Good Sound Synchrony Two Review

June 17, 2008

PSB Synchrony Two B Loudspeakers

I think it’s fair to say that the evolution of speaker design has lately been directed as much by advances in materials science and improvements in manufacturing processes as by any advances in the science of acoustics. For example, we know that for a dome tweeter to produce clear, undistorted high frequencies, it must move like a piston, such that no part of the dome moves more or less forward or back than any other part. Deviation from this behavior produces distortion. Fortunately, improvements in the use of lightweight, rigid metals such as aluminum, titanium -- and, more recently, beryllium and magnesium -- have helped ensure that distortion artifacts caused by tweeter breakup take place far beyond the audioband (i.e., the audible range).

This illustrates an area in which performance limitations are not rooted in a failure to understand how something works, but in finding a means of Synchrony Two B making it work that way. In the case of the subject of this review, the PSB Synchrony Two B loudspeaker, changes in how the cabinets and drivers are made and what they are made of are key aspects of the continually evolving line of speakers coming out of company founder Paul Barton’s workshop.

+30 years in the making

I’ve met Paul Barton several times, and have heard him discuss acoustics and his goals in speaker design. Speaking with Barton, I’ve gotten a clear sense that not only does he hold those goals firmly in mind, he knows exactly how to achieve them -- no doubt the result of his more than 30 years of experience in designing speakers. One determinant of achieving those goals is the retail price set for each speaker model: the higher the price, the better the parts and materials Barton can use in their design.

The Synchrony series of loudspeakers is PSB’s second-most-expensive and thus one of their most technically ambitious. (The top of the line is the Platinum series, introduced about five years ago; although PSB hasn’t formally said so, the Synchronys seem destined to replace the Platinums. I own a pair of Platinum M2s.) The Two B bookshelf model ($1500 USD per pair) is the least expensive speaker of the seven Synchronys; the most expensive is the floorstanding One ($4500/pair). In between are another bookshelf model, the One B, and another floorstander, the Two. The Synchrony line is rounded out by a surround and two center-channel models.

The Two B is a two-way bass-reflex design. Its 1" ferrofluid-cooled, titanium-dome tweeter hands off to a 5.25" mid-woofer at 2.2kHz via fourth-order crossover slopes. Each cabinet measures 13.5"H x 7.5"W x 10.75"D and weighs 16 pounds. As Barton has done with every statement bookshelf speaker since the Stratus Mini, over a decade ago, the midrange/woofer is mounted above the tweeter. Combined with the appropriate crossover design, this ensures that the appropriately summed overall response is at driver height and above, and that any cancellations are directed toward the floor.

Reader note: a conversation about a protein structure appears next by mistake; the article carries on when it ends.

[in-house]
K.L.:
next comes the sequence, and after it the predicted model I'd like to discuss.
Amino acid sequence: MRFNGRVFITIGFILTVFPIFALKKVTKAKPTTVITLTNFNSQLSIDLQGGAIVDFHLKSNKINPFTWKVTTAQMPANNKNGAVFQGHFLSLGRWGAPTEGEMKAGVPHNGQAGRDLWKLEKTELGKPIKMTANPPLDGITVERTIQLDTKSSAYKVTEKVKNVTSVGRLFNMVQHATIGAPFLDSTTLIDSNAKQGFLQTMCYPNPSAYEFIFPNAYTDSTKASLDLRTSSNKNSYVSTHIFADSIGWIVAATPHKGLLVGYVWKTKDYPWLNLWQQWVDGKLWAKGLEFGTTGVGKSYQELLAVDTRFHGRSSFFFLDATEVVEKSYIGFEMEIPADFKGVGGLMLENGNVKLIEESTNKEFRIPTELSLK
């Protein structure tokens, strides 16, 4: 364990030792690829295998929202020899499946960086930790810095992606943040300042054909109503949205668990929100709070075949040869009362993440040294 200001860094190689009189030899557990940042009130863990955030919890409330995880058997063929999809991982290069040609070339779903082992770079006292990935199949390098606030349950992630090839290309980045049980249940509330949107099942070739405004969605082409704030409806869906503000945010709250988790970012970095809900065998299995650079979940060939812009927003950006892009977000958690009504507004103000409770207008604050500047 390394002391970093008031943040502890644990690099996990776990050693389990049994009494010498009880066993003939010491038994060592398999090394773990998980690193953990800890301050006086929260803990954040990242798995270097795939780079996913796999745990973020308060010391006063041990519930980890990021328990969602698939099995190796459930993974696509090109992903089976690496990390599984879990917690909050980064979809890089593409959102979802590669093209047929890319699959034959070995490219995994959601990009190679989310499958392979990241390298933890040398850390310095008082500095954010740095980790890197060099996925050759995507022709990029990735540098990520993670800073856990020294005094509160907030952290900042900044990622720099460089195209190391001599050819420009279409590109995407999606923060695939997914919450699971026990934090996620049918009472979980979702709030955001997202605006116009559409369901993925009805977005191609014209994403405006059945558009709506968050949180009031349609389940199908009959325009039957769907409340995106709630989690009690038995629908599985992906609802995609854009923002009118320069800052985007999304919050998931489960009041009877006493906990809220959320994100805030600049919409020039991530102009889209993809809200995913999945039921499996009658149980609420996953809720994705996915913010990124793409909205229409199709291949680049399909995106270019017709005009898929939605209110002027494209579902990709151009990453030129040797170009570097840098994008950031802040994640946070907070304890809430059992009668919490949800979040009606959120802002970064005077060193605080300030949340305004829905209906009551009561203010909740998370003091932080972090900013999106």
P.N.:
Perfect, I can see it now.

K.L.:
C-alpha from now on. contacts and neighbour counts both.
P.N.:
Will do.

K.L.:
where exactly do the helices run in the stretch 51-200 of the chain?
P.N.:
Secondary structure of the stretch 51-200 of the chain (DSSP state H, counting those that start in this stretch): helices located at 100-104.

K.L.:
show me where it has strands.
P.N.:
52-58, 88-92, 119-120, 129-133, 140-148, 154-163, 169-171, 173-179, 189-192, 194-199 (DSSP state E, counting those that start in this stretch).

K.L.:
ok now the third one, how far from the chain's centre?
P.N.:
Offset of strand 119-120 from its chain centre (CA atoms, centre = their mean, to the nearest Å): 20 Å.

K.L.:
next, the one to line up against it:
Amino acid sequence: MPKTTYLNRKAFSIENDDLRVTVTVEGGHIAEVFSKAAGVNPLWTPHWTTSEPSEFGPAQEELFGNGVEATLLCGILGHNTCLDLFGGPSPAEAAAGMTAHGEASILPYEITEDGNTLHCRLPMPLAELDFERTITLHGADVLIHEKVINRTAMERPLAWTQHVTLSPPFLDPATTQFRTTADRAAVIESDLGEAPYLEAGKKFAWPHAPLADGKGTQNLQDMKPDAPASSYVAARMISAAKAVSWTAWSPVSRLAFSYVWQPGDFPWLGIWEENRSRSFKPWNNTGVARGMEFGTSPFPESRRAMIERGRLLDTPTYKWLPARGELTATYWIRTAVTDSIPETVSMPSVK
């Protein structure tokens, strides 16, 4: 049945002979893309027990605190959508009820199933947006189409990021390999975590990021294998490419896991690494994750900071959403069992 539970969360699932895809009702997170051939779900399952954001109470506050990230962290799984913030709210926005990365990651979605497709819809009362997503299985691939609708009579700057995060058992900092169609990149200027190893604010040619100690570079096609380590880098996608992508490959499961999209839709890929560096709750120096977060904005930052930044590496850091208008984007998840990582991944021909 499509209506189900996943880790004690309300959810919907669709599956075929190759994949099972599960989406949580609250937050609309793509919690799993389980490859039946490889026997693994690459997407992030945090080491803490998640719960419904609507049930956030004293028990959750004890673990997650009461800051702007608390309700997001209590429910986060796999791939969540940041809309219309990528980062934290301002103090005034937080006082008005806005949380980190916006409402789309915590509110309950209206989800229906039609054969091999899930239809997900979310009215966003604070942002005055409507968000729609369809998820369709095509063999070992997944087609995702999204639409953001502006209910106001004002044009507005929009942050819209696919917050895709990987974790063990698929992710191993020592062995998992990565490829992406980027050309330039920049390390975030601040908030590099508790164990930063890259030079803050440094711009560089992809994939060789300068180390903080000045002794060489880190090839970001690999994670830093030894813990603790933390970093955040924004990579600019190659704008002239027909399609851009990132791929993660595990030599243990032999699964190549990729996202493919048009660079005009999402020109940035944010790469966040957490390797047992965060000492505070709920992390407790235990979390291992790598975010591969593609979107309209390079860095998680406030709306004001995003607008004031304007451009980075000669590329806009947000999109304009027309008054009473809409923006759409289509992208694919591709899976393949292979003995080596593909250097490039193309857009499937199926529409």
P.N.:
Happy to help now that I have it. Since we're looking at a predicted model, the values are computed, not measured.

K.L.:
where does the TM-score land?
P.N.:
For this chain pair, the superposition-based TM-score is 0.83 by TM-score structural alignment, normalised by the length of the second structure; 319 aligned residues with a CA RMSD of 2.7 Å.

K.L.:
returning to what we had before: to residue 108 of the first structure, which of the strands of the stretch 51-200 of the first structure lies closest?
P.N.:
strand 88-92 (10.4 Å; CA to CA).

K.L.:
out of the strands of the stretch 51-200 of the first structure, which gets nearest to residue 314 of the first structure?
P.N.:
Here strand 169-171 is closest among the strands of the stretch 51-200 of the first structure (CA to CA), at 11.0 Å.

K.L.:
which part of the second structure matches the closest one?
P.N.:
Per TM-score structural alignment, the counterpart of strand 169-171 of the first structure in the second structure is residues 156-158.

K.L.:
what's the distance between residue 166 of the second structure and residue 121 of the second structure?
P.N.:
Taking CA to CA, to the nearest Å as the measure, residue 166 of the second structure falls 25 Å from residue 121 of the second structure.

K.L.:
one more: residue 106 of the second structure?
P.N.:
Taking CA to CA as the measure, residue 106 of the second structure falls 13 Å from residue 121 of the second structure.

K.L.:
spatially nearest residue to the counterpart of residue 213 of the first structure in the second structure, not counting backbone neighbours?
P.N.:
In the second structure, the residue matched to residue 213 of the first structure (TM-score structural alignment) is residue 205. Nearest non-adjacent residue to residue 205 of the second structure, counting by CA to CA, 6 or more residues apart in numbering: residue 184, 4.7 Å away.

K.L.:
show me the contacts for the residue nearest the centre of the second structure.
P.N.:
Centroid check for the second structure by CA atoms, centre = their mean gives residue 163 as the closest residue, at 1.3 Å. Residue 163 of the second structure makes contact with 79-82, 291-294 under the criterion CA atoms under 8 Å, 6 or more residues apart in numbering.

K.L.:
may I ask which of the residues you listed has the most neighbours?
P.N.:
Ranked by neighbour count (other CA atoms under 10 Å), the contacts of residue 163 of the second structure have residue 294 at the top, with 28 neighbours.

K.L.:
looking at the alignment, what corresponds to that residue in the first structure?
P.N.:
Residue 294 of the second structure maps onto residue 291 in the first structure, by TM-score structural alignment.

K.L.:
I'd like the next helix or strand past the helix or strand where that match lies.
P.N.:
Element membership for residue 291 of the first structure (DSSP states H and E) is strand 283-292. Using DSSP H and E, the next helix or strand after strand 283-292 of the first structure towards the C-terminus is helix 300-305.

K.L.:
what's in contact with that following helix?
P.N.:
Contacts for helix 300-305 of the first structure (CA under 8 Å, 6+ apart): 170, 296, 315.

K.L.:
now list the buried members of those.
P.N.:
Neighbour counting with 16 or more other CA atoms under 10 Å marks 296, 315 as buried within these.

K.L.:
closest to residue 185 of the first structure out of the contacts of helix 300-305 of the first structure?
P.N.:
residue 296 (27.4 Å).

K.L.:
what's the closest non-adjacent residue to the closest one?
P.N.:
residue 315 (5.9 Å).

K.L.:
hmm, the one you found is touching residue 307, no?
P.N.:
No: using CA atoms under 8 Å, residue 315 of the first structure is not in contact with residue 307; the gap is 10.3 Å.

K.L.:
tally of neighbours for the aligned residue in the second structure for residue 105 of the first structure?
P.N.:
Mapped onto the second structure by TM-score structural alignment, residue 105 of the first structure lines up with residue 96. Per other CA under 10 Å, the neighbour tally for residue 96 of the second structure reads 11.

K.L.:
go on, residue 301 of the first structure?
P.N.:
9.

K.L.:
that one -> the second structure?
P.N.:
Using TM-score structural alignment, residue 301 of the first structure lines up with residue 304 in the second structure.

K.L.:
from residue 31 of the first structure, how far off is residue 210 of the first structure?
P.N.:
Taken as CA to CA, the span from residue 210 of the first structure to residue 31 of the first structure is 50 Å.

The Two B’s mid-woofer is made of fine-weave fiberglass and compressed-felted fibers to form a rigid cone that’s not only lightweight but self-damping. This, in combination with an oversize voice-coil, is said to maintain magnetic linearity when the speaker is pushed hard, all in an effort to achieve lower distortion.

The Synchrony cabinets are another example of Barton’s ever-evolving approach to speaker design. When he introduced the Platinum series five years ago, all of the models had cast aluminum tops and bottoms, as well as aluminum faceplates secured by an adhesive to the front baffle to increase rigidity. With the Synchrony series, one could argue that Barton has upped the ante: the front and rear panels are made entirely of extruded aluminum, the curved side panels of seven-ply MDF topped off with a real-wood veneer of dark cherry or black ash.

Although you can’t see it, the aluminum front panel actually has two layers: the drivers are mounted to the back layer, with an elastomeric material between the layers. The purpose of this is to thoroughly damp vibrations caused by the drivers. Surrounding the drivers and binding to the front panel is a rubbery material that blends nicely with the baffle for a smooth "acoustical" transition, and also hides the driver mounting bolts. Furthermore, the aluminum edges of the front and back baffles are double-locking -- no screws are used to bind the rest of the enclosure to the side panels. Instead, everything more or less slots together, resulting in a supersolid cabinet that feels very dense.

Around back, set into the rear panel, are two sets of big binding posts in a vertical alignment. These accept any type of connector, including spade lugs, banana plugs, pins, or bare wire. Although I never needed them -- my speaker cables terminate in banana plugs -- the posts have "wings" that can be hand-tightened to cinch down on the cable for a really solid connection. The inset and vertical alignment also help keep the rear panel narrow, giving the Two B a more graceful, flowing form.

And the Two B really does look graceful. With its perforated aluminum grille covering the drivers, it has an understated elegance that should look good in most rooms. I left the grilles on for most of my listening, partly because I preferred their appearance with the grilles in place, and partly because the grilles fit so snugly into the front aluminum corners that it wasn’t easy to pry them off with my fingers, indicating to me that Paul Barton designed them to be left on, even for critical listening.